As they point out the way
And open the door

Chords of communion
These miracles of nature
Expressed in their beauty
From a loving Creator


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New Seeds

By Laila de Lys

About two months ago, during a Sunday afternoon gathering, Phiroz spoke of the importance we human beings have towards ourselves and others. He specifically drew our attention to the natural abilities a person has, as they are a gift of Transcendence. One of the purposes of human existence is to recognise these abilities and canalize them as beneficial influences in the life of mankind. Often these abilities are like seeds in the desert — they remain static and dormant till the rain comes and they blossom into beautiful flowers. This set me thinking and made me realize that any kind of knowledge we have is only valuable when we share it with others.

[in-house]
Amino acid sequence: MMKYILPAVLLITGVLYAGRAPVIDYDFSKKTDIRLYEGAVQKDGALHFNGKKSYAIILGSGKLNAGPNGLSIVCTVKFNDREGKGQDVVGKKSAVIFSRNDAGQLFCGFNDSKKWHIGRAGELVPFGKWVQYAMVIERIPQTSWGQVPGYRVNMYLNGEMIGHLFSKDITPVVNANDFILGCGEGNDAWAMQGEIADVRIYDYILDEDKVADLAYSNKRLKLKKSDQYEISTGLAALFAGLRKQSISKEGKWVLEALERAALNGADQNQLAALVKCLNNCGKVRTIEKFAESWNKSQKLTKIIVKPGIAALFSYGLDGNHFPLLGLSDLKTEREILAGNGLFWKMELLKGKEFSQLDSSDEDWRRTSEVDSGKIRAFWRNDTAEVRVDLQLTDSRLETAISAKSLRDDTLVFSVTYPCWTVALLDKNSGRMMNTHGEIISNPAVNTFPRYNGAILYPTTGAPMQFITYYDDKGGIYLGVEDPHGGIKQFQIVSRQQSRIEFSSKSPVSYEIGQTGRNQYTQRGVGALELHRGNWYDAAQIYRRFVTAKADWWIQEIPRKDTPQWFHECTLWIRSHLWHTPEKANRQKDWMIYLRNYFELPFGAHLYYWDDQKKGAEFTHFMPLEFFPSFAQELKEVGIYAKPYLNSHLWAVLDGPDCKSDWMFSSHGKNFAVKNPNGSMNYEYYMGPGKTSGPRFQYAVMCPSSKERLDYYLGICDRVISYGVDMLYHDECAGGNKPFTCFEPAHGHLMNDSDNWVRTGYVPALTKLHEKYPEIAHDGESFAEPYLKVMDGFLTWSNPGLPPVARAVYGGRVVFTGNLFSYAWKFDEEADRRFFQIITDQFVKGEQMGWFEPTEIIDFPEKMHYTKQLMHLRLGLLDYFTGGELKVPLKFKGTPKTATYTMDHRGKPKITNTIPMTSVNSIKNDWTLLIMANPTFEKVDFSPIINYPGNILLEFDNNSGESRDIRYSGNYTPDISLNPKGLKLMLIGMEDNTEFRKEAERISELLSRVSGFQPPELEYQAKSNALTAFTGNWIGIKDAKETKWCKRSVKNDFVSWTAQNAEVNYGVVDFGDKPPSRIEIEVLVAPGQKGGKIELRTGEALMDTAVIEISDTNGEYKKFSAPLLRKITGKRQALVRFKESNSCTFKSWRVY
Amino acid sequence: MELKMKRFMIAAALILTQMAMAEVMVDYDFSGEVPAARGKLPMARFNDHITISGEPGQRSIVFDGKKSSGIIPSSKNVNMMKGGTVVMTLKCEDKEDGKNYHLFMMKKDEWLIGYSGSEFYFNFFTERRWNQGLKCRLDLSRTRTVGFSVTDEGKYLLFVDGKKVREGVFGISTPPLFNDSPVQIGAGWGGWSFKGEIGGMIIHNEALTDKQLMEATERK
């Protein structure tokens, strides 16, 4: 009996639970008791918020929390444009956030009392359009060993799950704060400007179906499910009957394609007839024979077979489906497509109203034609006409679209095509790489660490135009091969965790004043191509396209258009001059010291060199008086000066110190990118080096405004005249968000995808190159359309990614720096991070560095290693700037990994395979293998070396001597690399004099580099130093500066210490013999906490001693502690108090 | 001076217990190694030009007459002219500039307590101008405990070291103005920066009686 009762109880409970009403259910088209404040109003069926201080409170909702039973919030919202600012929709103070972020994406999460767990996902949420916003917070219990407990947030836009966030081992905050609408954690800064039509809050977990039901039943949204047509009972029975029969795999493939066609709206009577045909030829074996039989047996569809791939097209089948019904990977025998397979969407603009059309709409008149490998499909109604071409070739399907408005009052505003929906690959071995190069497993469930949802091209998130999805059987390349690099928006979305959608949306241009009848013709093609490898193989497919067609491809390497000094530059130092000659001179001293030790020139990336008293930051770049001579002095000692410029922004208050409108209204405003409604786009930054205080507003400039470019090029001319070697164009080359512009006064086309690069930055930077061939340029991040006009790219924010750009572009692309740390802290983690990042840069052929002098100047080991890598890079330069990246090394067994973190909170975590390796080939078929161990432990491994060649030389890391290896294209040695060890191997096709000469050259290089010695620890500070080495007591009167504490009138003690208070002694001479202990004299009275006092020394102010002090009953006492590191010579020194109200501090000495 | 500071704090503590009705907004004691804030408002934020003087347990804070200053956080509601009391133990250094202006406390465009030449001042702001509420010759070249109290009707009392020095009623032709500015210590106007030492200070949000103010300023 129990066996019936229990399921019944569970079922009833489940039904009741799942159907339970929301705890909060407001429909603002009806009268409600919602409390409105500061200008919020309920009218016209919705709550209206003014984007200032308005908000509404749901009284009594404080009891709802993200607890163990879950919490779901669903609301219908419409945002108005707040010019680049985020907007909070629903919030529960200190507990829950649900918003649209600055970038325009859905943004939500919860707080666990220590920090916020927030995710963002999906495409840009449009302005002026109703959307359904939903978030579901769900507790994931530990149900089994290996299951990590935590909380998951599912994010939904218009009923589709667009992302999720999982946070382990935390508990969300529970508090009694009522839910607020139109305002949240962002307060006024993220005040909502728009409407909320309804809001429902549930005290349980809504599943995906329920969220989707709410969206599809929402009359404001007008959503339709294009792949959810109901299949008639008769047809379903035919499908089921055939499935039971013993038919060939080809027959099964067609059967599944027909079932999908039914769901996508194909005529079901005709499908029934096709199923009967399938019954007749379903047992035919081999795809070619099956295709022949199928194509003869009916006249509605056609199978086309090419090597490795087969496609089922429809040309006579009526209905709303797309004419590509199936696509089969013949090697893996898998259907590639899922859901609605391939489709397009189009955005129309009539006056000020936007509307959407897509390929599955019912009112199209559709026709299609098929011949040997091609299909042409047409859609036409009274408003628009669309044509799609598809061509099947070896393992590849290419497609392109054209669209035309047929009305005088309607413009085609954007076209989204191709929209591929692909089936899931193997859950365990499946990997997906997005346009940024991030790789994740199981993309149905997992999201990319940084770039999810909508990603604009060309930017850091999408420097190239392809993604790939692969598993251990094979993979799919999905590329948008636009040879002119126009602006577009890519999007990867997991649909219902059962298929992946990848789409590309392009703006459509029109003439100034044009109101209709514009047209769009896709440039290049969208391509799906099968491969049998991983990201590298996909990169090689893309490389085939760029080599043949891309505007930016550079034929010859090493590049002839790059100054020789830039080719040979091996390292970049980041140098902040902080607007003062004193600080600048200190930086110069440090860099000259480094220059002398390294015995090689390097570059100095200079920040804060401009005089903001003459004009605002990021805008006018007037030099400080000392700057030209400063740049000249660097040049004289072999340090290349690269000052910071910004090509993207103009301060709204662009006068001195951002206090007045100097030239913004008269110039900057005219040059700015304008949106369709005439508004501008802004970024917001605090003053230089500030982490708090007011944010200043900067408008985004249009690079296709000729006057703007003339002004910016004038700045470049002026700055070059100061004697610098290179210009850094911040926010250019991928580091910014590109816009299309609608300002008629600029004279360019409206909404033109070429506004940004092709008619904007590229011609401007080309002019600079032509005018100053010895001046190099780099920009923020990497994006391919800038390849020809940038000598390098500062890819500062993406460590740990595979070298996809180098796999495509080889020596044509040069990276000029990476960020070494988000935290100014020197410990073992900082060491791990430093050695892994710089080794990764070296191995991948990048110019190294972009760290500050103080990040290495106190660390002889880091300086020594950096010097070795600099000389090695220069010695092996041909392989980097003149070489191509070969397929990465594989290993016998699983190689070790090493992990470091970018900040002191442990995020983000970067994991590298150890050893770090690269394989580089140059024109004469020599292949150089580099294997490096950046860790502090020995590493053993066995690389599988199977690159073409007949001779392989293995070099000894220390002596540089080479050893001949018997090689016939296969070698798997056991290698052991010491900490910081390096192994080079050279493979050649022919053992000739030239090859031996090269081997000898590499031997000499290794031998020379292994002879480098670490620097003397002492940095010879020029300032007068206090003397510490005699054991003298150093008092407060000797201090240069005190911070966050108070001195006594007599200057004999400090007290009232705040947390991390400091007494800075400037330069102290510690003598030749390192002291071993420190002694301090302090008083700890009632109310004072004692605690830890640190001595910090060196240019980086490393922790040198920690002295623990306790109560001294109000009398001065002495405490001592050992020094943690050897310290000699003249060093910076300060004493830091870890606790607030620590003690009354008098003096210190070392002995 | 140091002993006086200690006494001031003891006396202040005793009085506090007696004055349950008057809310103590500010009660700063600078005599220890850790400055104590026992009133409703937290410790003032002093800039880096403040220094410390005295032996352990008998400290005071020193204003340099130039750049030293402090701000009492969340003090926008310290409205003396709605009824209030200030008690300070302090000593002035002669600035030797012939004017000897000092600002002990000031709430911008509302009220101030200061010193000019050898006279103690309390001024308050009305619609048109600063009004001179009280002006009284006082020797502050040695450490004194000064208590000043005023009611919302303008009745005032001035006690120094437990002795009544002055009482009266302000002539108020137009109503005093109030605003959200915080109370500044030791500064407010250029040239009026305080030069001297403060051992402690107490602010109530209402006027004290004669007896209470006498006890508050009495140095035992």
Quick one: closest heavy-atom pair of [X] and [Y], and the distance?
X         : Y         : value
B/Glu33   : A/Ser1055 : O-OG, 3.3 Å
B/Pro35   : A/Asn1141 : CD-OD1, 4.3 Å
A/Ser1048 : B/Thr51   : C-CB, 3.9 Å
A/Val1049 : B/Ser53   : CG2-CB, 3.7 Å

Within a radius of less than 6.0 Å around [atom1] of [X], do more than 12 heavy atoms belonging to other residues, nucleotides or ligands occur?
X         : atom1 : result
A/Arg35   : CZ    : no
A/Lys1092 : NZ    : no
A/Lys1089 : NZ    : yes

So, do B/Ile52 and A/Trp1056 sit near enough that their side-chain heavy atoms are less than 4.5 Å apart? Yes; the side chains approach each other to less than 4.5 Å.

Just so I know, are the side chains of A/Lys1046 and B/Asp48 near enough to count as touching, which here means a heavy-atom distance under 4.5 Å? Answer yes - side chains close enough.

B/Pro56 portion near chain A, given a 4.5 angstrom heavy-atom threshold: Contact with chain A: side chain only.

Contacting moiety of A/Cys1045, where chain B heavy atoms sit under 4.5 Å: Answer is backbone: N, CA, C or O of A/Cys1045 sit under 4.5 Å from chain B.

Keeping up with the new climate of thought, Phiroz has once again scattered new seeds; it is up to us to nurture them and see that they blossom. If new activities are to emerge, this will inevitably bring debates and perhaps some degree of tension which needs facing up to, but this can be positive. Members are now finding new areas of interest which will encourage people to be more confident, to explore themselves and others, and grow in the real meaning of the ward Hu-Man “The Happy Creator.” The original work of the Trust will remain the inspiration for the exploration and sharing of these interests. However, we must remember that Growth, like Love, cannot be encouraged and then have arbitrary limits set upon its consequences. We, the members, who work together in harmony, are Phiroz’s true students. May we all be blessed by his love that like drops of rain falling fertilizes the soil.